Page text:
For several decades now, Torbjörn Holmström has been helping Volvo vault the technical and logistical barriers to fulfill the dream of fully autonomous long-haul trucks.

But the big hurdle that worries the Volvo executive now is the one over which he has the least control: how the technology will be regulated. His mission is to encourage governments around the world to tackle the thorny legal and ethical questions surrounding autonomous vehicles so they can be legalized to operate on the open road.

He understands it won’t be easy.

“We need to have the technology, but the legislation must be there as well,” Holmström told Trucks.com at the recent Web Summit tech conference in Lisbon, Portugal. “We want to get society and the legislators to start to think about what we need to make this happen. Because there is so much productivity gains for business and society that we could capture if we could get this up and running.”

Since 1979, he’s been one of the key figures overseeing the development of Volvo’s autonomous trucks. This past summer, he stepped down from his role as Volvo Group’s chief technology officer, and is now senior advisor to the company’s Research & Technology Group. And in that job he’s still working closely with Volvo’s autonomous truck program.

Indeed, Holmström has recently become a minor celebrity in the autonomous trucking world thanks to his part in a recent trial of a Volvo autonomous truck.

In early September, Volvo conducted its first live demonstration of a Volvo FMX. The fully autonomous truck that uses sensors to guide it also has an onboard transport system to gather data and optimize its route for factors like fuel consumption. The company turned it loose deep underground in a mine in northern Sweden.

A film of the event shows the truck navigating the labyrinth of the mine in dark, wet, near-freezing conditions. The climax comes when Holmström steps into the path of the truck to see if it will spot him and stop. It does.

Holmström admitted he was just a bit nervous at the time.

“Even though we had tested it before, you never know about technology on that level,” he said. “I was ready to jump aside if something really bad happened. But when you’re the chief of the engineering team, sometimes you have to stand up for that and believe in your team.”

While dramatic, he emphasized that such demonstrations were not simply about generating hype or buzz around the technology. Rather, Holmström said that Volvo is making a conscious effort to show autonomous trucks in action to slowly get the general public comfortable with the idea as well as to educate government officials about both the limits and potential of the technology.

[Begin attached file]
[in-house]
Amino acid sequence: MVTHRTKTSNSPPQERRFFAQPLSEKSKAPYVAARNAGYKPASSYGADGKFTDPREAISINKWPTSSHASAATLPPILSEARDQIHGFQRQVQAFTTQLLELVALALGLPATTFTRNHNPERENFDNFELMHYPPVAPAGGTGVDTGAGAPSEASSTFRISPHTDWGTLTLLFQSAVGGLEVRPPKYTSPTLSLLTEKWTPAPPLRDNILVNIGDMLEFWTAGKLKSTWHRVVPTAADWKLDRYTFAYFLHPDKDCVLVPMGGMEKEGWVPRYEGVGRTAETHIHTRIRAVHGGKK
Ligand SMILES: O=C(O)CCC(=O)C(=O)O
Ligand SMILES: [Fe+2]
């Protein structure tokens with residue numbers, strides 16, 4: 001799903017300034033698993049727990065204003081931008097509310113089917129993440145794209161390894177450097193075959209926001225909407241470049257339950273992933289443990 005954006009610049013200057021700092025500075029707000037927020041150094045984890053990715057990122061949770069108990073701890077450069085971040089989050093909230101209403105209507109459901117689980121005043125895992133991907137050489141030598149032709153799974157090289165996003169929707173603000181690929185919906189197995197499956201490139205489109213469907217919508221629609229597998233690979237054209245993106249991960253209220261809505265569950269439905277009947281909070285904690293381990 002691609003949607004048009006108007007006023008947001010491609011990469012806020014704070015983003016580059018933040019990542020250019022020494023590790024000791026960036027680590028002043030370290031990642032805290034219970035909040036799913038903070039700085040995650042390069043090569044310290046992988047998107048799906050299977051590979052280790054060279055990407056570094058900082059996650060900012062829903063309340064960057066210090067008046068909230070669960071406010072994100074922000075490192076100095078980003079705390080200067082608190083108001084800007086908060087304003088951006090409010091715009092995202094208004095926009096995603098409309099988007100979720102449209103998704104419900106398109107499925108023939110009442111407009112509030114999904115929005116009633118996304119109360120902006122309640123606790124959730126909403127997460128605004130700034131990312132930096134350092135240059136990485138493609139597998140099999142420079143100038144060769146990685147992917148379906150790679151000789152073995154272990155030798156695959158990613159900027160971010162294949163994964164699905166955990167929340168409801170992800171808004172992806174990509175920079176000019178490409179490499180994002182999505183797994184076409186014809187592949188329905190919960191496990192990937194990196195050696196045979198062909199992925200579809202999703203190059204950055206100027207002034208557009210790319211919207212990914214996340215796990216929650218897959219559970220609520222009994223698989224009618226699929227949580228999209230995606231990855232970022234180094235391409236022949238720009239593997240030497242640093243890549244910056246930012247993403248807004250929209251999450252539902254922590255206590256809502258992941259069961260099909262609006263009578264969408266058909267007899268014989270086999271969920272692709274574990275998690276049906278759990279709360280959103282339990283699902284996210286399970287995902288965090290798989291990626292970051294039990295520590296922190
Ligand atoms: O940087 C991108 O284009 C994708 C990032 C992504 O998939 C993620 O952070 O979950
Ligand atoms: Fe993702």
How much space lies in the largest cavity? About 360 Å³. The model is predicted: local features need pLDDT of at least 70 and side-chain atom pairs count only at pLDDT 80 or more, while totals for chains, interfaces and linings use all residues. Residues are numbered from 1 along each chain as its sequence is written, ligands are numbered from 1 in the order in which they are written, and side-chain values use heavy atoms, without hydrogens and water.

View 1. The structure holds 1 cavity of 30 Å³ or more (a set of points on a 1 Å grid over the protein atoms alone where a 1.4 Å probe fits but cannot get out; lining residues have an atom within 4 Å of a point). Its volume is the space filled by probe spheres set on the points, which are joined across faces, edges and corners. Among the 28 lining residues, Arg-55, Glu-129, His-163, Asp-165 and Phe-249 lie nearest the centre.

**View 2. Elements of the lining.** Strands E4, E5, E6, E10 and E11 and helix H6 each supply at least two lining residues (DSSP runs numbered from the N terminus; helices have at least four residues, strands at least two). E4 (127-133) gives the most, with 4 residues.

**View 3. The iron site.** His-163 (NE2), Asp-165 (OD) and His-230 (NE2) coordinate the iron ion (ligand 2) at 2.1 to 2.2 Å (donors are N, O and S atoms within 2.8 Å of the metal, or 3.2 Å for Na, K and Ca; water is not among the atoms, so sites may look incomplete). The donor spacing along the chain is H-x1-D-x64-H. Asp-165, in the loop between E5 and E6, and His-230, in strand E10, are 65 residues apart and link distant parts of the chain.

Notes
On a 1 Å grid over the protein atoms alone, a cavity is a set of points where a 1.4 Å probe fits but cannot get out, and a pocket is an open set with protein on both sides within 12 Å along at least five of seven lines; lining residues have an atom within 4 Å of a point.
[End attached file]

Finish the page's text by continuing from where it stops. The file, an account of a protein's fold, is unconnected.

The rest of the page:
Earlier this year, Volvo was one of several European truck manufacturers that took part in The European Truck Platooning Challenge 2016, which was organized by the Dutch government. Trucks left a handful of European cities and over several weeks drove in platoons to the Netherlands to demonstrate the progress that has been made in this more limited form of autonomous trucking.

Holmström said that technologies such as platooning are not currently permitted across Europe. The technology underlying such advances has been evolving for decades as companies like Volvo added more sensors and software to trucks to automate different functions. There are still tremendous technological issues to solve before fully autonomous trucks become the norm, he said.

But the technology has clearly crossed a threshold, and now there are enough limited capabilities, such as platooning, that are ready to go live. In that respect, he argues it’s time for governments to create the regulatory framework for their operation. The issues involved include questions of liability, what criteria a truck must meet to operate on open roads, and what cybersecurity and data protections should be implemented.

Trucking companies are already clamoring for the autonomous trucks, hoping they will cut costs not only on fuel, but on driver training and recruitment, insurance and repairs. Holmström said it’s incumbent on truck manufacturers and operators to make clear the benefits and challenges to regulators.

“If you start with just the platooning, you can save a lot of fuel consumption,” he said. “That’s a financial benefit and an economic benefit, but also an environmental benefit. …We know what type of technology we need to use. What needs to happen now is the legislation has to be there to allow that. Today, it’s not allowed.”

In the meantime, he said Volvo will continue to proceed cautiously. The worst thing trucking companies could do is to push too fast and spook the general population.

Holmström downplayed the idea that fully autonomous trucks are just around the corner. He said such a vision probably won’t be realized until the end of the next decade. The software in the trucks still needs to be more powerful in terms of gathering data, analyzing it and making decisions. But beyond the trucks, there are infrastructure issues that need to be addressed, such as the design of roads and exit ramps, and the robustness of wireless networks.

For now, he expects there will still be a human being in the cab, even if that role starts to shift slowly in the coming years.

“If you think we will not have truck drivers in the future, well, that is very, very far away,” he said. “It’s important that we take cautious steps. Society and the greater population must feel very safe about it. We

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